A Race To The Top—The Fall Without End [Horror Scenario]

The Fall Without End

A “No Security” Horror Scenario

Author: Caleb Stokes
Publisher: Hebanon Games
Page Count: 20
Available Format: PDF (DTRPG) – PWYW

The year is 1931, and the U.S. Government is searching for a new “Lingburgh” to celebrate.  A large sum of taxpayers’ money has been funneled into the “McKinley or Bust” project to entice thrill-seekers to summit Mt. McKinley, also known as Denali, “the tall one.” It’s a race! The first team to reach the summit and return with proof gains fame, glory, and a large cash prize. Players take on the roles of seasoned mountaineers eager to be the next national heroes. The first to photograph themselves at the summit and safely return with the evidence is the winner. What could possibly go wrong?

The Fall Without End is a system-neutral cosmic horror adventure. Events, places, and people are without game mechanics. In their place are backgrounds, descriptions, and motives to aid the Gamemaster in applying the appropriate RPG mechanics of their choosing. Players pair off into teams of two or more and play against each other as they try to be the first to conquer Mt. McKinley, which stretches 20,320 feet into the sky; the third-highest point in the world above sea level. They can expect a difficult ascent. What they won’t be expecting is discovering something more terrifying than falling to their deaths.

The adventure contains out-of-this-world horror elements, but it works best if presented to players as a thrill-seeker adventure. As a system-neutral adventure, there is a handy guide with suggested traits best suited for creating appropriate characters. High proficiency in climbing and cold weather survival are two obvious main requirements for the adventure. Other traits characters should exhibit are keen instincts, lasting endurance, and great physical prowess.

As mentioned earlier, players can team up with each other or climb with an NPC partner. Either way, there must be a minimum of two people per team, lead climber, and belay. A belay is an anchor for the pair, supporting the lead climber and fulfilling other important duties. Players may choose either role as both are important and share equal danger.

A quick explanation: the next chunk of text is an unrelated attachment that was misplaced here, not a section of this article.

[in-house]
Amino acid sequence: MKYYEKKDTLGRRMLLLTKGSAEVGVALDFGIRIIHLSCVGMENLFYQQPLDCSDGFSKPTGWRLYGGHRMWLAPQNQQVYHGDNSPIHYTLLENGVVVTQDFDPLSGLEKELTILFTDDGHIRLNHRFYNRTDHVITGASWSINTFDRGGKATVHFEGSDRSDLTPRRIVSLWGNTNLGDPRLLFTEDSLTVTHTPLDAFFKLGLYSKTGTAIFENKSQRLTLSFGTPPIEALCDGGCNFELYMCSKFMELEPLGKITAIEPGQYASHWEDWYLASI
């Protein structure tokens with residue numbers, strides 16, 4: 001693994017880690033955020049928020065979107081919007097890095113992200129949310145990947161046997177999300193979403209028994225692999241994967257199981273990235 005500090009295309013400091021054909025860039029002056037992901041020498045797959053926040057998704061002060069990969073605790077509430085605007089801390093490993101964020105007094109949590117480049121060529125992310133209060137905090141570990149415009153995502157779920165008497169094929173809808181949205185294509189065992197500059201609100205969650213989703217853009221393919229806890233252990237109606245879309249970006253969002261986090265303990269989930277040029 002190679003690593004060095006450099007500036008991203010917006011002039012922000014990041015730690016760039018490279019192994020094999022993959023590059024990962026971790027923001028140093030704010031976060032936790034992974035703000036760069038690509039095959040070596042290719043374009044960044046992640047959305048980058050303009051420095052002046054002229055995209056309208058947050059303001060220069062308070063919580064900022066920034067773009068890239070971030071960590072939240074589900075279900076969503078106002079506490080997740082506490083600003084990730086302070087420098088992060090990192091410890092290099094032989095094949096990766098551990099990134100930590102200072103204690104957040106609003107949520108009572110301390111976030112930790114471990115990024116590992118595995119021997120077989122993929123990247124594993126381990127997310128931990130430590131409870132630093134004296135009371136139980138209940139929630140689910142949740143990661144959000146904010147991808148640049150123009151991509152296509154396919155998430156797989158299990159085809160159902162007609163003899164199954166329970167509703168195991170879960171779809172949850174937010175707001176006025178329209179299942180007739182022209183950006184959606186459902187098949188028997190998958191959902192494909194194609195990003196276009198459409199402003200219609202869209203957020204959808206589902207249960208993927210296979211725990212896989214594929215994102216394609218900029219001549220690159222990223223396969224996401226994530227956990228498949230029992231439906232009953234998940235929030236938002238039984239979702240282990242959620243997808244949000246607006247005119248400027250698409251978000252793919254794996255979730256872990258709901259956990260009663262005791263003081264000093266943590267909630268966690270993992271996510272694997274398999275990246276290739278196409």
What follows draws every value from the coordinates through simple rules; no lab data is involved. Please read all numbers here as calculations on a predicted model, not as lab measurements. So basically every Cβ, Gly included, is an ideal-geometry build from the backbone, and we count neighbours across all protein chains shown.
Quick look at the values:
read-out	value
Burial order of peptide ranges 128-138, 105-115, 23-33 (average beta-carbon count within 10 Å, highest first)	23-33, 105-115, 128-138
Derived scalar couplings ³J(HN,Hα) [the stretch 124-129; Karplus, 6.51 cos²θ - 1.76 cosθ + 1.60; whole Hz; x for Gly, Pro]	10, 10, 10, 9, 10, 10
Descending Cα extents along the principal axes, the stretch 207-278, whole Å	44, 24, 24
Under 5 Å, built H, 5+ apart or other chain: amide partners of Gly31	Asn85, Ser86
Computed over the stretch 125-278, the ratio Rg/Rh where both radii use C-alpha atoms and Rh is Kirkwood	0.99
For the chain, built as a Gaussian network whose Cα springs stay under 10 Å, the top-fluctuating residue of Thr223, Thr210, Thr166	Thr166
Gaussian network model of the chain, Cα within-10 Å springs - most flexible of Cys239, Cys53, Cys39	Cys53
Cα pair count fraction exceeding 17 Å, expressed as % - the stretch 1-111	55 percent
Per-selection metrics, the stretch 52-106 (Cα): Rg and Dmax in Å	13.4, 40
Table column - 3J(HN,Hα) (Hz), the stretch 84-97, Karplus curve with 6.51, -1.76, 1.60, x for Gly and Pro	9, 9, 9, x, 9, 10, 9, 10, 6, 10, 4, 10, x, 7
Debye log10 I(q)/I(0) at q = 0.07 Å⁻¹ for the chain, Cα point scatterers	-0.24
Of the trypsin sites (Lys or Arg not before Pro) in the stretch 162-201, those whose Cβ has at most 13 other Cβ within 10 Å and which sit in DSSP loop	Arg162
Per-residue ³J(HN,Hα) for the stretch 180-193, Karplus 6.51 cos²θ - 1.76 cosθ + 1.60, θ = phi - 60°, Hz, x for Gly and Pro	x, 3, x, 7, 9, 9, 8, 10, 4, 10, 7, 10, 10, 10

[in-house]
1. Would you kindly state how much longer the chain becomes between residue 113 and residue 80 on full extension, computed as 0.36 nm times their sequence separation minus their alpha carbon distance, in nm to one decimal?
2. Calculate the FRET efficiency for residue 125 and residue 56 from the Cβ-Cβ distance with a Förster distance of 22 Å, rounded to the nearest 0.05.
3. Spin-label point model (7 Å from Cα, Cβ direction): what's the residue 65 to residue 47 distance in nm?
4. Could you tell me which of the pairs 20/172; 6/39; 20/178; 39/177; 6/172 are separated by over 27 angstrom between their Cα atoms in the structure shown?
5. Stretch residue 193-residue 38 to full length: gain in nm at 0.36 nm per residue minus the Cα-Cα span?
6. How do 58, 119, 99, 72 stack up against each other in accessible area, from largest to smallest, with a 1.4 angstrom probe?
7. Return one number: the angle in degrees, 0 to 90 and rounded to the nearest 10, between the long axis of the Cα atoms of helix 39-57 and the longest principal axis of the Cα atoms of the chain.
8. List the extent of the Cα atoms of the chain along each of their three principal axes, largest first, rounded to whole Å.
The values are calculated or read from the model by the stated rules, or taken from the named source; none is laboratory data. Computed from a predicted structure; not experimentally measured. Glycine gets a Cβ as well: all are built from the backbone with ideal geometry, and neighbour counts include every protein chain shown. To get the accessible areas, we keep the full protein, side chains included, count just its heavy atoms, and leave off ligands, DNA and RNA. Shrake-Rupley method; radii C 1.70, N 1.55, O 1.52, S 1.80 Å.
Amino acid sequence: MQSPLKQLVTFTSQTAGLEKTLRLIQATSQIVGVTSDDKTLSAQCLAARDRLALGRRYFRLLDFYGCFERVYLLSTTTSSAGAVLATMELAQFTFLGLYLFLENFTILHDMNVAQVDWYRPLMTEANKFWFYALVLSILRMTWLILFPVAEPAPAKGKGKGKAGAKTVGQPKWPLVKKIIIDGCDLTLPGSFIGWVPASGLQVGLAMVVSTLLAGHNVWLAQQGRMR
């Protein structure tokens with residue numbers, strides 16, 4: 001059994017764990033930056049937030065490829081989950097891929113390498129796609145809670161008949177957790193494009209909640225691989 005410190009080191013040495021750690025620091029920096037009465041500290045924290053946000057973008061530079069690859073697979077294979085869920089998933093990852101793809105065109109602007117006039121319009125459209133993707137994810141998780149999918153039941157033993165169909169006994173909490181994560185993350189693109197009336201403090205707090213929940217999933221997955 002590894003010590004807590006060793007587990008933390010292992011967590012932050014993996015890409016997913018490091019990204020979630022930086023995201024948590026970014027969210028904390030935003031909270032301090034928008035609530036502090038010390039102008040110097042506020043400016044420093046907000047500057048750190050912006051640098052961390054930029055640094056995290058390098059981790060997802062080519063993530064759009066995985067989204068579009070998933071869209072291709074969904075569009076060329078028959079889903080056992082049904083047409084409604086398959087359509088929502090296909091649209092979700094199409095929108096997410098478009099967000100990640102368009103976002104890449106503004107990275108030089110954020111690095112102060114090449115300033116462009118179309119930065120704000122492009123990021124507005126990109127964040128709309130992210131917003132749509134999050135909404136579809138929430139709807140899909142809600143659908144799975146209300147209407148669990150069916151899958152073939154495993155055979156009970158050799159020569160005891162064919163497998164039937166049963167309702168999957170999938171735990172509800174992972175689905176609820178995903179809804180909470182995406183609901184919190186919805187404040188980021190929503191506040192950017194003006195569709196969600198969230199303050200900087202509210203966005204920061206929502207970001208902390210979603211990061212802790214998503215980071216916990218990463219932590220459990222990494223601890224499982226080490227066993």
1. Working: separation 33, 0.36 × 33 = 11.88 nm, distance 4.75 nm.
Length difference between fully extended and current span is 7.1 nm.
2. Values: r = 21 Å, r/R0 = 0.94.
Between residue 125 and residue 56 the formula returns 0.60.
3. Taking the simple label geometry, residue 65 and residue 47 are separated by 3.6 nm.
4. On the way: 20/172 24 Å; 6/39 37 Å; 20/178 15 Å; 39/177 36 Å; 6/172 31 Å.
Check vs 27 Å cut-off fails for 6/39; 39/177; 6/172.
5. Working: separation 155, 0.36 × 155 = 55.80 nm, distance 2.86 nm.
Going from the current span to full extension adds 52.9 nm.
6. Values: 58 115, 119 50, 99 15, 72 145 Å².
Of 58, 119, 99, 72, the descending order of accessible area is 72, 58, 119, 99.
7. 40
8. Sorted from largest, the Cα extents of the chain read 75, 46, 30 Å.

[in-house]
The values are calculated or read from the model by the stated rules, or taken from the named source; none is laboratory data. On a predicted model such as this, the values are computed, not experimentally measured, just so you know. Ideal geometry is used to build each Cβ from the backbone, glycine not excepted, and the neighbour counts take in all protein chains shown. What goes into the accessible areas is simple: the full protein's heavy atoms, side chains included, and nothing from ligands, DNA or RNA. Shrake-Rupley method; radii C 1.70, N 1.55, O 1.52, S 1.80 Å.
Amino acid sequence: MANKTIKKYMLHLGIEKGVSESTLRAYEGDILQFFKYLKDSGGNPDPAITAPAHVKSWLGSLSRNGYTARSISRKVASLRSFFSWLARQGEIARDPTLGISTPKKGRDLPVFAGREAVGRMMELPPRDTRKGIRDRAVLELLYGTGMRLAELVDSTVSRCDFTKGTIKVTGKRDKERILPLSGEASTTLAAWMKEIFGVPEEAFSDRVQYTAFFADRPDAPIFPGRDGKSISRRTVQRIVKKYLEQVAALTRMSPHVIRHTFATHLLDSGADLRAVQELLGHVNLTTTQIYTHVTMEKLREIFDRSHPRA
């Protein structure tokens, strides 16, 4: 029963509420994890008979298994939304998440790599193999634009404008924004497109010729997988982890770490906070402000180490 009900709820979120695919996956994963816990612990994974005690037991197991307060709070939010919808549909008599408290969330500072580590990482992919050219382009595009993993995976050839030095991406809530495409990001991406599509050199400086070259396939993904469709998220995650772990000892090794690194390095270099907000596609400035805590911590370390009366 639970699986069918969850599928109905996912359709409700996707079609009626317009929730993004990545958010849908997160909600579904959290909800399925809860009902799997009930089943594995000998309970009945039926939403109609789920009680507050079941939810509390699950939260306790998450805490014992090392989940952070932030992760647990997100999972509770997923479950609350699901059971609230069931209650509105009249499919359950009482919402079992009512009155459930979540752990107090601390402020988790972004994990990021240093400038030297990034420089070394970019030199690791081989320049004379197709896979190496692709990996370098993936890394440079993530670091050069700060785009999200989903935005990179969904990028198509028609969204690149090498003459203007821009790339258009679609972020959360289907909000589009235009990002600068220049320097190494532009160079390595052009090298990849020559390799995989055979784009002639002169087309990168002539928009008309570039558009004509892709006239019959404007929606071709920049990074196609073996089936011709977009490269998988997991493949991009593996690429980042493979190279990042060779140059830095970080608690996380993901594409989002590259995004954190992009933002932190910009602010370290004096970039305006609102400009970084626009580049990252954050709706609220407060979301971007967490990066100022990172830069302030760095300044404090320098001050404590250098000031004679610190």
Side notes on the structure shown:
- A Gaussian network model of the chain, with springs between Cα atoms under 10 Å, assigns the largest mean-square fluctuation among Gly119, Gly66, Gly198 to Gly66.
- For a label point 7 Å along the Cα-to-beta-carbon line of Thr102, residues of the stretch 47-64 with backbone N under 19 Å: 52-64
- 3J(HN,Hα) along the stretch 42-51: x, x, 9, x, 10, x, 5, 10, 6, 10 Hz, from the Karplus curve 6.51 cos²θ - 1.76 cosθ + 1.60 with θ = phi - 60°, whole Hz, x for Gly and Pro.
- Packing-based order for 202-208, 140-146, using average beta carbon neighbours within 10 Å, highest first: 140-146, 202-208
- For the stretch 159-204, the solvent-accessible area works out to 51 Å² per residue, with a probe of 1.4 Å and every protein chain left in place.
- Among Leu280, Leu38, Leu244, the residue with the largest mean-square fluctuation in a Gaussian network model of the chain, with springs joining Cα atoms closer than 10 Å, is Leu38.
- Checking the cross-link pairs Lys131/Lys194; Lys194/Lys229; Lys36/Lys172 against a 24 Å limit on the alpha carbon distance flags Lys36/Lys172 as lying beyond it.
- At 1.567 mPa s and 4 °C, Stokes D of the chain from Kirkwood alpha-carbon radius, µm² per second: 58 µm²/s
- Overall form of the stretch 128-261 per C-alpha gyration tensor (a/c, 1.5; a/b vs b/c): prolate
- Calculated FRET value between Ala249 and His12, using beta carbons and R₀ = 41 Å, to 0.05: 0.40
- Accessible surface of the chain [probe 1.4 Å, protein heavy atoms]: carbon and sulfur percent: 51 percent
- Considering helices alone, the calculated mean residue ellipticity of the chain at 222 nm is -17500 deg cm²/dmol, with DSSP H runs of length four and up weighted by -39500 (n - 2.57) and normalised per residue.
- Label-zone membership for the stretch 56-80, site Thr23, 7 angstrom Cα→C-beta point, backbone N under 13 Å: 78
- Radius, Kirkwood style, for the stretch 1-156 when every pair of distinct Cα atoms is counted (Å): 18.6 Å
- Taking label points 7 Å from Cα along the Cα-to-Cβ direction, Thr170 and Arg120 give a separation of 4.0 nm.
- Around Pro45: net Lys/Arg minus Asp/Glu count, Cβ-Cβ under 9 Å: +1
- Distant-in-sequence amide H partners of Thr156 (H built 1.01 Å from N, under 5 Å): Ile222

The adventure begins with the player characters gathered in the Denali Trading Post the night before they head to base camp at the foot of the Alaska Range. A large celebration provided by Ted Carpenter, a government treasury employee, is in full swing. Reporters, photographers, and locals swarm the daredevil player characters with questions about their upcoming expedition. This is a great starting point. It allows the players to introduce their characters through one-on-one conversation and questions from the press.

Once the characters reach base camp, they will choose their paths up the mountain. A players’ flowchart outlines the various route they may take to the top. The routes have the same number of stopping points along the way to the top. What separates one route from the other is their difficulty in transversing. The players’ flowchart shows all the routes minus the paths hidden in the cloud layer. The gamemaster has the same flowchart plus all the routes not shown on the players’ flowchart.

The adventure is all about racing to the top. Expect risky decisions. These will rise once the players learn that another group of mountaineers is ahead of them, starting before the characters. It’s a race against each other and a team of NPCs with a head start. If that wasn’t enough, an unspeakable horror calls Mt. McKinley home, which will test the characters’ resolve.

Because a fall from such great heights would end the game rather quickly, it is highly recommended in the sidebar “Objective vs. Subjective Danger” that missed skill checks, especially ones involving climbing, fail forward. Fail forward in the scope of mountaineering should translate into little or no progress on their climb, allowing successful teams to pull ahead. It is also suggested that Gamemasters hide the horror elements of the adventure from players when pitching the game. Treating it as an action-packed high-adventure scenario will add to the terror once the true horror is revealed. The game will change from a race to survival, or if the players are desperate to win the prize and an even more incredible feat of heroism.

The adventure provides a nice glossary of mountaineering terms but not much background on Mt. McKinley or artic terrain. I’d suggest Gamemaster do a little research into artic survival and mountaineering to aid in creating the correct atmosphere. The internet is your best source. The National Park Services has information for mountaineering the peak which would need to be translated into the proper time period, but it makes for a great starting point.

The adventure is perfect for a convention or a single gaming session. I recommend using systems that use a fear or sanity loss type of game mechanic. The Esoteric Order of Roleplayers Podcast recorded their session of The Fall Without End using Call of Cthulhu, which fit the adventure quite nicely.

The Fall Without End has all the makings for an exciting roleplaying experience. Players will enjoy the competitiveness of the adventure, while the Gamemaster will relish in the hidden danger that lurks high above. I highly recommend keeping the horror elements a secret from your players until they stumble upon it as well as conducting a little extra research into mountaineering and Mt. McKinley (Denali) to enhance the experience. Pick a system your most comfortable with and have fun. I guarantee a session you and your players will talk about for years to come.

~Stephen Pennisi

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